|Forgebreaker has changed a lot since exchanging hands, gone is its elegance and beauty, replaced with pure functionality.|
No matter how awesome the rest of a model, if its face is weak, the entire composition can fall flat. Thankfully Skomorowski was in top form with Perturabo. Haloed by a seething mass of cables, Perturado holds a scornful and confident visage. His features are twisted into a mocking sneer, his madness held on a knife's edge, as he brings about his sense of martial justice. The torrent of cables almost overcomes the entirety of his face, as if their encroachment were an allegory of the creeping doom of his paranoia, the slow realization of the futility of existence, and the constant reminder of the baleful glow of the ever-watching Eye of Terror. The ability to get such insight into the nature of each character by looking at the tiny sculpted faces has been one of the primary joys of the Primarch series for me, they surpass the trite and tired screaming Space Marine heads, and offer something of real worth. And I am pleased to say that Perturabo is Skomorowski’s most expressive face yet.
|The maniacal rage that wells in Perturabo's heart is evident in his terrifying visage.|
As Forge World releases more and more Primarch figures, their bases seem to get more and more extravagant. Starting with Angron, we got a reserved base that only had a few dead Space Marines. Now there are models like Horus with an entire dilapidated staircase, and the Night Haunter stealing up a crumbling window arch. With Perturabo we get the most extravagant base yet, with him standing atop the ruined chassis of a Cerastus Knight. He stands triumphantly atop the dilapidated war machine, foot propped on a skyward shoulder plate, bullet casings strewn everywhere. It makes for quite a magnificent scene. Some might not like that he takes along a piece of terrain everywhere he goes, if they wish to use him in games of 30k. This has been a problem for a lot of the Primarchs, but was often mitigated by the ability to removed the model from the larger display base. Like the other Primarchs, Perturabo is also on a smaller base that slots into a larger one, it however does not really do much to reduce the bases height or size. At the end of the day, he is still standing on a Knight titan (and one of the larger FW ones at that).
|Even removed from his larger scenic base, Perturabo's small base is still huge.|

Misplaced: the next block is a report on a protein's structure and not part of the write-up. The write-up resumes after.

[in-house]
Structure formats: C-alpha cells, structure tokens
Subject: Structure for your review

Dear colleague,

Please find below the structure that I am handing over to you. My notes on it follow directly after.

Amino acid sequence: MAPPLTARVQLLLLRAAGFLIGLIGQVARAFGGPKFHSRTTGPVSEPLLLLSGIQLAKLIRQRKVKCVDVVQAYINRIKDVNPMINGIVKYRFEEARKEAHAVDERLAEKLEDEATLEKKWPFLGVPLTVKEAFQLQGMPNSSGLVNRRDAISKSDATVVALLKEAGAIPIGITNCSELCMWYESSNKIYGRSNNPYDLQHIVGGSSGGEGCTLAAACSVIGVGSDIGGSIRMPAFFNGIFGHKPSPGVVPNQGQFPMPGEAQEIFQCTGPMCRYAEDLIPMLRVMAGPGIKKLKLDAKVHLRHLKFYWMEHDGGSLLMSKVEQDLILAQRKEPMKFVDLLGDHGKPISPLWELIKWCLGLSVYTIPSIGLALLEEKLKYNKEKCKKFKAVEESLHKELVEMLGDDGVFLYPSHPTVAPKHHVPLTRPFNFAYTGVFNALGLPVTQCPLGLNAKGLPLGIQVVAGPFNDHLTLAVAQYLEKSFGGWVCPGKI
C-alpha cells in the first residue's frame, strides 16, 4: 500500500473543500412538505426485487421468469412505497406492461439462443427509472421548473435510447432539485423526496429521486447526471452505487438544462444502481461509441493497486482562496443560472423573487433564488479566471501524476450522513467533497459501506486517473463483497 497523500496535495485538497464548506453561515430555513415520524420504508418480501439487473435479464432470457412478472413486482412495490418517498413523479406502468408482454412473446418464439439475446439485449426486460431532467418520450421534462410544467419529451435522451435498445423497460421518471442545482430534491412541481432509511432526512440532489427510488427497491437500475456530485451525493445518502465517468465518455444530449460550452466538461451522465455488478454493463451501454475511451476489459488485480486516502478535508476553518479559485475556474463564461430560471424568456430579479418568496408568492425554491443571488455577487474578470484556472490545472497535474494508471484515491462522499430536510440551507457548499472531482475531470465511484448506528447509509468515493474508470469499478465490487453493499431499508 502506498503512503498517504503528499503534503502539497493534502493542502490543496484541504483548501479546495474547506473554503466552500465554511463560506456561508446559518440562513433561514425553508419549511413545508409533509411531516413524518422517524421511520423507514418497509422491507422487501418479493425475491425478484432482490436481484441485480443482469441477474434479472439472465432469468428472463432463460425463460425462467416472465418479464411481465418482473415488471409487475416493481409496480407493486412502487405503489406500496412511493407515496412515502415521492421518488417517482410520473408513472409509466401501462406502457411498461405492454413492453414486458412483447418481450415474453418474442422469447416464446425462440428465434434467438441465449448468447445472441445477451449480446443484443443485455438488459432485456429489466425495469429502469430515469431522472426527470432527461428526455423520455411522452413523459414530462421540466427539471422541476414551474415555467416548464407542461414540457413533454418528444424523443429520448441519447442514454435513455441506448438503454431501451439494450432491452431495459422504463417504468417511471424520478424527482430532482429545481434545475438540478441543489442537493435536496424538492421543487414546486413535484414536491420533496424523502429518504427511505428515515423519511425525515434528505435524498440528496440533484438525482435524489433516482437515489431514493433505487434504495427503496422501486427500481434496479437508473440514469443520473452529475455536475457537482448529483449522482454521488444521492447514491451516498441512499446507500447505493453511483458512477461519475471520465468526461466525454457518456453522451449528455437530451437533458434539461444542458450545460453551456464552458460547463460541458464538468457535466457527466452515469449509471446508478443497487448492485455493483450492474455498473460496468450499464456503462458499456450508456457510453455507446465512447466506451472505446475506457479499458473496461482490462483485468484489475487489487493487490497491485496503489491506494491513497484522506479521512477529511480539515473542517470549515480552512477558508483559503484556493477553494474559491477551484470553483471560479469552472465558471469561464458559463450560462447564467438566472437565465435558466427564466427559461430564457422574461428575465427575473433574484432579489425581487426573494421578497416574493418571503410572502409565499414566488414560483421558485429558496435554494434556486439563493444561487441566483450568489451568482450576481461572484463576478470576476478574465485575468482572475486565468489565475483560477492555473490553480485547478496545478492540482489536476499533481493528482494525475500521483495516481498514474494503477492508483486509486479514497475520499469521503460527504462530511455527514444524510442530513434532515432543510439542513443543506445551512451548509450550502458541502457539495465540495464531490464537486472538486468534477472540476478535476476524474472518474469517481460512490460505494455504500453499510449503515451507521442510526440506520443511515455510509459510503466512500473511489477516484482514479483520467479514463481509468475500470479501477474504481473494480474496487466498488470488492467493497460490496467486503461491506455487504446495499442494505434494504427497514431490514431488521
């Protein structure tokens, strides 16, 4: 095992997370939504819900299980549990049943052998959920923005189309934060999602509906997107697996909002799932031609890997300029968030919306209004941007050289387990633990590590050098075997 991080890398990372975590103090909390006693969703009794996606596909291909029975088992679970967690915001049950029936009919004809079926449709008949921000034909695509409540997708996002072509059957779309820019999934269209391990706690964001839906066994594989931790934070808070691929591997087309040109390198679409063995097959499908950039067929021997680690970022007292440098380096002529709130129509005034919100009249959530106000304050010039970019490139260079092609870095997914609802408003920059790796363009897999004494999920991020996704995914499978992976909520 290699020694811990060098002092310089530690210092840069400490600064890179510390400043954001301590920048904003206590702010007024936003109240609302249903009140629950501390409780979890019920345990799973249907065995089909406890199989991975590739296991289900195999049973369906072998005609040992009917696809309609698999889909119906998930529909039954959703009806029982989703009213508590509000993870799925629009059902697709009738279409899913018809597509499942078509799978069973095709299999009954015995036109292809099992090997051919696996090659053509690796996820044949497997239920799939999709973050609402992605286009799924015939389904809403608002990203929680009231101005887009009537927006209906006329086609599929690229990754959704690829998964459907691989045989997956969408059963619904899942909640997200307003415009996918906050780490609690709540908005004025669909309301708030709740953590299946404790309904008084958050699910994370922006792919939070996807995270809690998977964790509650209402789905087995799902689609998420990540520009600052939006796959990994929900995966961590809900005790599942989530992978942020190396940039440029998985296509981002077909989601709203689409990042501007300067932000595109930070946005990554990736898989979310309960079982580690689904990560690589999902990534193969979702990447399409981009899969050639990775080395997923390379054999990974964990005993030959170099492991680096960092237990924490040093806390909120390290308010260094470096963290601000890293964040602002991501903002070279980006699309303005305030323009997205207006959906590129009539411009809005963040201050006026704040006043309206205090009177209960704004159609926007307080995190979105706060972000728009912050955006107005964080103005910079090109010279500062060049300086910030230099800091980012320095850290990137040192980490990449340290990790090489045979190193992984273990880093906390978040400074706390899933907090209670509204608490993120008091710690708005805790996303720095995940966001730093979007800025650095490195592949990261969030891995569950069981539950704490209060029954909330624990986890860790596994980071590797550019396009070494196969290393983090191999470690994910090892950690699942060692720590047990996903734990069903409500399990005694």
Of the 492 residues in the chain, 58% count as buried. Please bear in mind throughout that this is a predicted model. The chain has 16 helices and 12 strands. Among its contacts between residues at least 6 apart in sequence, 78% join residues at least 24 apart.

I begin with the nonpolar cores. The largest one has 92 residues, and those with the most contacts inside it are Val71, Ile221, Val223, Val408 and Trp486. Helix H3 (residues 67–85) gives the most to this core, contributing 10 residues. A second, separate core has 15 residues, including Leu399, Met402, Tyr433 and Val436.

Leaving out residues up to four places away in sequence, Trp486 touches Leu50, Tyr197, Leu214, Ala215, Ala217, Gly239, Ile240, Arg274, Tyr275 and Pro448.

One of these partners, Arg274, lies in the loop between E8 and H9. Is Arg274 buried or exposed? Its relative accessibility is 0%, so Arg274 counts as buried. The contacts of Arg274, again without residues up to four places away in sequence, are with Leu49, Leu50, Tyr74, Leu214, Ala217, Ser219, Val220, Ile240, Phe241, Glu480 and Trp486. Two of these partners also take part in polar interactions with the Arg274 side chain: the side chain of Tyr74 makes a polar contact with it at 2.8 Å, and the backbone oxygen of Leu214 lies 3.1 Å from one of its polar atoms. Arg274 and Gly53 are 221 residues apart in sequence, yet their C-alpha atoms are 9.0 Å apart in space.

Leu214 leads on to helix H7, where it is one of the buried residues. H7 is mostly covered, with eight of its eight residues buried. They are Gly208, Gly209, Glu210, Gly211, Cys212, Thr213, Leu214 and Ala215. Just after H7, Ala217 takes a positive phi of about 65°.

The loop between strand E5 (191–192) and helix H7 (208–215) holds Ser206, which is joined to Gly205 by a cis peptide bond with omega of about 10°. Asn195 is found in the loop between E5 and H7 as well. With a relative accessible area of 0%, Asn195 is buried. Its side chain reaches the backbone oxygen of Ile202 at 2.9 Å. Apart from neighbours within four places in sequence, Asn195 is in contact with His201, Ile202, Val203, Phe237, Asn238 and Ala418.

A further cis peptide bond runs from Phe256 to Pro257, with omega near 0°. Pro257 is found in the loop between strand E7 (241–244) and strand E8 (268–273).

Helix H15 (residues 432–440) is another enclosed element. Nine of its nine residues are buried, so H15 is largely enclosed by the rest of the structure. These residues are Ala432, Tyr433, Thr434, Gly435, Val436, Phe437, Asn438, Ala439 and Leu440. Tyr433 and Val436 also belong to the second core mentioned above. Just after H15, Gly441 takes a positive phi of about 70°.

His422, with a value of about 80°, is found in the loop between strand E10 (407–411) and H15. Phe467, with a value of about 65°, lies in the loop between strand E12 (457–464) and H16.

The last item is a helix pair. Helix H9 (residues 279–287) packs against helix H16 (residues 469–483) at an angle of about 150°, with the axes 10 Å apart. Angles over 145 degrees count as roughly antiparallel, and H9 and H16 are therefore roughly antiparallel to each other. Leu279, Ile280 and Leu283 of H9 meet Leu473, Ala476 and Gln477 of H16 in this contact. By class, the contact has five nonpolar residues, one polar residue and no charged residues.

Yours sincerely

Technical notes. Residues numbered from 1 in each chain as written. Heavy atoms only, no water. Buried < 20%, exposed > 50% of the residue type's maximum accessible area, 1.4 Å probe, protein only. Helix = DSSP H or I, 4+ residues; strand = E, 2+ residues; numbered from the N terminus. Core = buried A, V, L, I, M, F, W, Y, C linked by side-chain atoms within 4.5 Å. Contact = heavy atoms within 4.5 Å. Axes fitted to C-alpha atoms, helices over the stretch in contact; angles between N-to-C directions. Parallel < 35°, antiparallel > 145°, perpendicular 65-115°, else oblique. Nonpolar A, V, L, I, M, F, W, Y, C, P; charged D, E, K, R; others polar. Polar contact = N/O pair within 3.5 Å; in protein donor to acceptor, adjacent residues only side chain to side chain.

It is interesting to note that Skomorowski supposedly sculpted Perturabo digitally, using Zbrush. It has become increasingly apparent that FW has been sculpting some of their models digitally, namely their larger tanks and titans. Perturabo is the first character size model that I have heard used digital software. This is the future of modelmaking, I suppose, one that is hard to argue with it when it is used to such good effect as it was with Perturabo. But even still, I am slightly saddened to hear that traditional means were not used to create him. The Primarch series has always been something that I could point to as a paragon of sculpting, one that was achieved without the aid of computers and 3D printers. At the end of the day, however, if the models are good I will not complain.
Word from the Forge World Open Day suggests that Perturabo is going to be Edgar Skomorowski’s last model for Forge World. This is sad news, as he has graced us with a number of fantastic models over the years. It is a small blessing that his last is quite possibly his best ever, cementing an impressive legacy.
Cheers Eric! Always love these thoughtful reviews. Picking out details like the necked cases is something it's easy to overlook from the photos on the Forge World website, but such minutiae is what can push a good miniature into greatness. Excellent point on the 'not-so-small' base, too.ReplyDelete
Glad to hear you enjoy them! I admit it is pretty fun to write about the Primarchs. It is not often you see such fantastic looking models being released, ones oozing with character and emotion. Now, as ever, to wait until the next one is revealed!Delete
Your detailed articles on various releases are something I like more and more. Cheers for taking the time, very appreciated :)ReplyDelete
Thanks! It is nice to hear someone finds value in my ramblings ;)Delete